The following blog is from Donna Pankotai, a guest of McBride For Business.
In the past, the issue of global regulatory compliance was not considered to be a significant issue. However, with the emergence of enhanced communication technologies as well as increased local insurance market and regulatory tax sophistication, these revenue starved local agencies and/or countries are currently able to track and audit compliance in a manner not seen before. The end result of the current enhanced technologies is local regulatory bodies having ramped up their diligence in catching multinational firms out of compliance regarding their risk management and insurance programs. The conventional approach has been for companies and service providers to deal with pre-loss issues primarily centering on the actual insurance contract. The current “gold standard” now includes a considerable level of post-loss planning which can be even more important to the firm. Some examples in each category include:
- Financial strength of each prospective insurance carrier is evaluated. What are the global ratings? Alternatively, in the absence, of global ratings an understanding of respective carrier reinsurance treaties can provide a clearer picture.
- Do the policies purchased adequately protect the assets and future earnings of the organization?
- Claims payment practices of prospective insurance carriers are analyzed. What is the reputation for fair and equitable settlements? Additionally, assessment of the ability to work with clients in resolving complex claim matters?
- What adverse tax implications may impact the ultimate loss settlement funds?
- Non-compliant risk management programs which trigger local tax and compliance audits.
- Fines, penalties, revocation of local business license and in some cases imprisonment can result from non-compliance with local regulatory requirements.
The foundational below checklist can provide a good start in assessing the needs for your risk
1.What is the exposure? Are there:
- Employees traveling outside the “home” country?
- Assets and Operations outside the “home” country?
- Products and/or services exports outside the “home” country?
- Foreign suppliers contracted outside the “home” country?
2.How should one quantify the exposure?
- Number of employees traveling to what countries?
- Consistent currency measurements and exchange valuation date:
- Annual figures for – Real/Personal Property, Sales, and Payroll
- Annual Sales of products and/or services exported with breakdown by country
- Annual Cost of Foreign suppliers with breakdown by country
3.What are the regulatory compliance requirements?
- Are certain coverages “compulsory” in respective countries of exposure?
- Does the local law require local subsidiary to procure admitted coverage?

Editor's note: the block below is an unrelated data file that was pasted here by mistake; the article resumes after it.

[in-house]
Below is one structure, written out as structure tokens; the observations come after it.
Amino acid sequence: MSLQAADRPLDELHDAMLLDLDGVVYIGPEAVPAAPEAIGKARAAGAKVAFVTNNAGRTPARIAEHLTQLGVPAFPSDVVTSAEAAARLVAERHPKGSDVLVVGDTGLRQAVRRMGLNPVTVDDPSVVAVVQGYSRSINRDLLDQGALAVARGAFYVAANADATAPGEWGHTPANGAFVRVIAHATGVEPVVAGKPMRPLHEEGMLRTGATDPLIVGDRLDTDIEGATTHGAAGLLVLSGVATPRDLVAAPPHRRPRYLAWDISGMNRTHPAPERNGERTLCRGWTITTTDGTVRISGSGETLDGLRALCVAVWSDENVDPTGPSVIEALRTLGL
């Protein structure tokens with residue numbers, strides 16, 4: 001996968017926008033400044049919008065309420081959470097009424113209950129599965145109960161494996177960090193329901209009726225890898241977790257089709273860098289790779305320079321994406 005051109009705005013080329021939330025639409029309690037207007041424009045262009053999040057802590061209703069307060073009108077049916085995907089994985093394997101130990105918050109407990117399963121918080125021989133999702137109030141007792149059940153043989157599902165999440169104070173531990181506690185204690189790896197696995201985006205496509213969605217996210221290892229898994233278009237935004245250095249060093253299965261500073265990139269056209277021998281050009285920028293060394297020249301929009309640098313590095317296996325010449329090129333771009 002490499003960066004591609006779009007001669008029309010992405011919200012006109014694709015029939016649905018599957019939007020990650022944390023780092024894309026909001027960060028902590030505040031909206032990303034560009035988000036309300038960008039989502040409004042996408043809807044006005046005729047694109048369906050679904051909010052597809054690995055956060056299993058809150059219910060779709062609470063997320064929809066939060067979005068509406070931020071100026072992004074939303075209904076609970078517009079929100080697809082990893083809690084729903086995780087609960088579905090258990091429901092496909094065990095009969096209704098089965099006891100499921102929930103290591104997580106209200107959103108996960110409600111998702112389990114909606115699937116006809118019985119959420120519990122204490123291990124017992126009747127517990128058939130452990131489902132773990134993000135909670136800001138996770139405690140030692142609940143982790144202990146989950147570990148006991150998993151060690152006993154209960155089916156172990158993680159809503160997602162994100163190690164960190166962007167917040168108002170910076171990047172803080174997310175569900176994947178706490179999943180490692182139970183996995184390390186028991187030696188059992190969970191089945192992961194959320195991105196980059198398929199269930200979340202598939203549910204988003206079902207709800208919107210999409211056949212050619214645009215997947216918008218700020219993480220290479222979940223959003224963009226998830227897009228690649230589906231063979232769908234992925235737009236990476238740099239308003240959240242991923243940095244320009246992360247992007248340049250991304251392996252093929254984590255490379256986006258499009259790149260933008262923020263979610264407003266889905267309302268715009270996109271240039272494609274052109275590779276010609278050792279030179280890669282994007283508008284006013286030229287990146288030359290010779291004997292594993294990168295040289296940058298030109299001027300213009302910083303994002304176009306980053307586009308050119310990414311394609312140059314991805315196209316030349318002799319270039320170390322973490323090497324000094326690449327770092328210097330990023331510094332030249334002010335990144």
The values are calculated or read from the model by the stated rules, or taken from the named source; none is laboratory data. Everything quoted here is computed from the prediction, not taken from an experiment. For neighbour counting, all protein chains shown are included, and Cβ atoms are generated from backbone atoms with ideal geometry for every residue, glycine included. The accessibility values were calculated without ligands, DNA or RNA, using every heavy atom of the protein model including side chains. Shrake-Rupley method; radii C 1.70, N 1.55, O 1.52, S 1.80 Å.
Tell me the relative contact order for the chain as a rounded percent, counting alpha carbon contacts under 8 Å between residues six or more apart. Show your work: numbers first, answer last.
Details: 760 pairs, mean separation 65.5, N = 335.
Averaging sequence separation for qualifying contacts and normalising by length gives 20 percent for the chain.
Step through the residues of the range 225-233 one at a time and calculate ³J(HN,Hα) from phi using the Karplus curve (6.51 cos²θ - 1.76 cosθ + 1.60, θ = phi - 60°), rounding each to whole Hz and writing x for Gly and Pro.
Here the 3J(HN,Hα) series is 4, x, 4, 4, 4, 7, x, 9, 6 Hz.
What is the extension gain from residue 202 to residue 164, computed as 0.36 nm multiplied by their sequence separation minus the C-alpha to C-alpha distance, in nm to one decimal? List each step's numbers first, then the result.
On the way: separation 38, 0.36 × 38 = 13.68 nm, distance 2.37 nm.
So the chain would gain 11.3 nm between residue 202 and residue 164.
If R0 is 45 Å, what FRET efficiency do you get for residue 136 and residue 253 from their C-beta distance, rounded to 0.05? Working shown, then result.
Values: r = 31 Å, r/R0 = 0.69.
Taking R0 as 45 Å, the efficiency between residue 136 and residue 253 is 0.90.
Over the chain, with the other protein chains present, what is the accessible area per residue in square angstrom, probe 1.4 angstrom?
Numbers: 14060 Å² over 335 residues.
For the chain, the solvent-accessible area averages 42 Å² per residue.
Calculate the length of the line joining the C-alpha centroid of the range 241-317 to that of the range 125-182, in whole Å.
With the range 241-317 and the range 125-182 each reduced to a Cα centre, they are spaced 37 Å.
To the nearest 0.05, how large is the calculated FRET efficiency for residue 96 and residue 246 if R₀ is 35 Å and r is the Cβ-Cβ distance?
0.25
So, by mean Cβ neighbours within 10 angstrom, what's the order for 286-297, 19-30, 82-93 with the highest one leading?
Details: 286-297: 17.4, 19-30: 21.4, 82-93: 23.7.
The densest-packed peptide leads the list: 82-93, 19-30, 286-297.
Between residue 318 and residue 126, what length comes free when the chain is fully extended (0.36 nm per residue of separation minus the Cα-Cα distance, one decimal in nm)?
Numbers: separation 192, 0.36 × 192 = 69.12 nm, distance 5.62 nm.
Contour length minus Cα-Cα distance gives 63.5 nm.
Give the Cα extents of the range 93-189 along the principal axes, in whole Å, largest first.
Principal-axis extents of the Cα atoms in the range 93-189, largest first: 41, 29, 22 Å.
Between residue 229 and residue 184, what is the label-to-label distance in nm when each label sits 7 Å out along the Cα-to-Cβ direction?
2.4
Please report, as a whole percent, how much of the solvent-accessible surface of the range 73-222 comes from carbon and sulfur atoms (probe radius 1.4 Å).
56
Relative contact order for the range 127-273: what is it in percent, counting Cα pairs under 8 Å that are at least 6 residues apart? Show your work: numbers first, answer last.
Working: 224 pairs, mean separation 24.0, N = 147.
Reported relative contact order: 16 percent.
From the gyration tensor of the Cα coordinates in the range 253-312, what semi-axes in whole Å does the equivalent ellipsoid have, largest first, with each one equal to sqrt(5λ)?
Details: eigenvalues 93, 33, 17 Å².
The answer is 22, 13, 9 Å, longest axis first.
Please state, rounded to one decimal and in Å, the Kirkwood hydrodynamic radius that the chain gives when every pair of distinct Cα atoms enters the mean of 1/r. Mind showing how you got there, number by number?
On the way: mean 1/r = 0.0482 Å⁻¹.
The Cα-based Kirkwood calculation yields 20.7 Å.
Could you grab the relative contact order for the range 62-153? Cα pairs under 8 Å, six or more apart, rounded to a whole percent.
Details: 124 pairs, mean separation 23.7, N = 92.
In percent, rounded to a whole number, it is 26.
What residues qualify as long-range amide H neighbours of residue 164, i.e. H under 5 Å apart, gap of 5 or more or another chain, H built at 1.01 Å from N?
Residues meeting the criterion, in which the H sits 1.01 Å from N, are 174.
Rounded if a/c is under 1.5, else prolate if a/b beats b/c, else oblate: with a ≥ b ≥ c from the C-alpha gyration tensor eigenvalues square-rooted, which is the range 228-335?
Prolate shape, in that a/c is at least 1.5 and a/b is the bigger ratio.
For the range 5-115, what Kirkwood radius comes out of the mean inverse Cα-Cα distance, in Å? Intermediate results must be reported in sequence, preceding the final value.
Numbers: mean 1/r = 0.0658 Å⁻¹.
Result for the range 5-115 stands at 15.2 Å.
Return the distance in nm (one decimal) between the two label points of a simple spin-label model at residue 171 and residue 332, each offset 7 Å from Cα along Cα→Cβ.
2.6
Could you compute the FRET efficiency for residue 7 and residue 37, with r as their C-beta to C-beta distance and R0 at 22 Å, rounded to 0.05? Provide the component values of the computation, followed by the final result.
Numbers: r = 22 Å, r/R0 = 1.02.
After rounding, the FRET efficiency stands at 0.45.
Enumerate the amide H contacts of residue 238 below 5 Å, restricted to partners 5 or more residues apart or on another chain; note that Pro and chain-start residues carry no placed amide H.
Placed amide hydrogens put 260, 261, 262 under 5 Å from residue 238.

- Is an “in-country” broker required?
- Are there any contractual obligations which would require proof of locally admitted coverage?
4.Tax Strategies of the organizations?
- Understanding transfer risk pricing concepts to assure equitable premium allocations are adequately documented.
- How will the premium be paid? Locally? Centrally?
- Will the local subsidiary take a tax deduction for allocated premium?
- Will the local subsidiary need to pay premium tax “in-country”
- Will the client need to pay any taxes outside of premium such as Federal Excise Tax (FET) or Value Added Tax (VAT)?
5.How should the claim be paid?
- Is it necessary to pay the claim locally or to the Parent Company in the home country?
- What are the tax implications to parent in their home country when claim is not paid locally?
- Will Parent Company need to make a capital contribution to local subsidiary if not paid locally? What are the tax implications of such an action?
- What time of loss will be utilized to trigger insurance coverage? (local time?)
- What is the currency in which the claims will be paid? And how will the exchange valuation date be determined?
6.What services are necessary “IN-COUNTRY”
- Local language support?
- Locally claims administration?
- Local broker support for questions, certificates, etc.?
- Local Legal counsel?
- Loss Control resources?
7.What are the factors in program implementation and administration?
- Who are the program stakeholders (client/insurance carrier/broker) and what are their respective responsibilities? Establishing communication protocols between Parent, Local subsidiary, and service providers is paramount in avoiding chaos and providing an effective platform for the program.
- What are the cultural considerations in country and between respective stakeholders?
- What levels of insurance purchase and claims settlement authority will be local?
- How are Loss Control efforts identified, implemented, and documented?
The complexity of each organization’s operations and geographic make-up will necessitate a unique approach for each risk. Routine evaluations along with the utilization of compliance tools and experts can provide the best defense against unknown assumption of risk exposures which can affect the company’s reputation and cause significant financial impact.
This posting is intended to be a tool to familiarize readers with some of the issues discussed herein. This is not meant to be a comprehensive discussion and additional details should be discussed with your attorneys, accountants, consultants, bankers and other business planners who can provide advice for your circumstances. This article should not be treated as legal advice to any person or entity.
About the Author:
Donna Pankotai is President of DM Pankotai Consulting an independent strategic risk advisory company with expertise in multinational exposures and regulatory compliance issues. http://demystifyingrisk.com/
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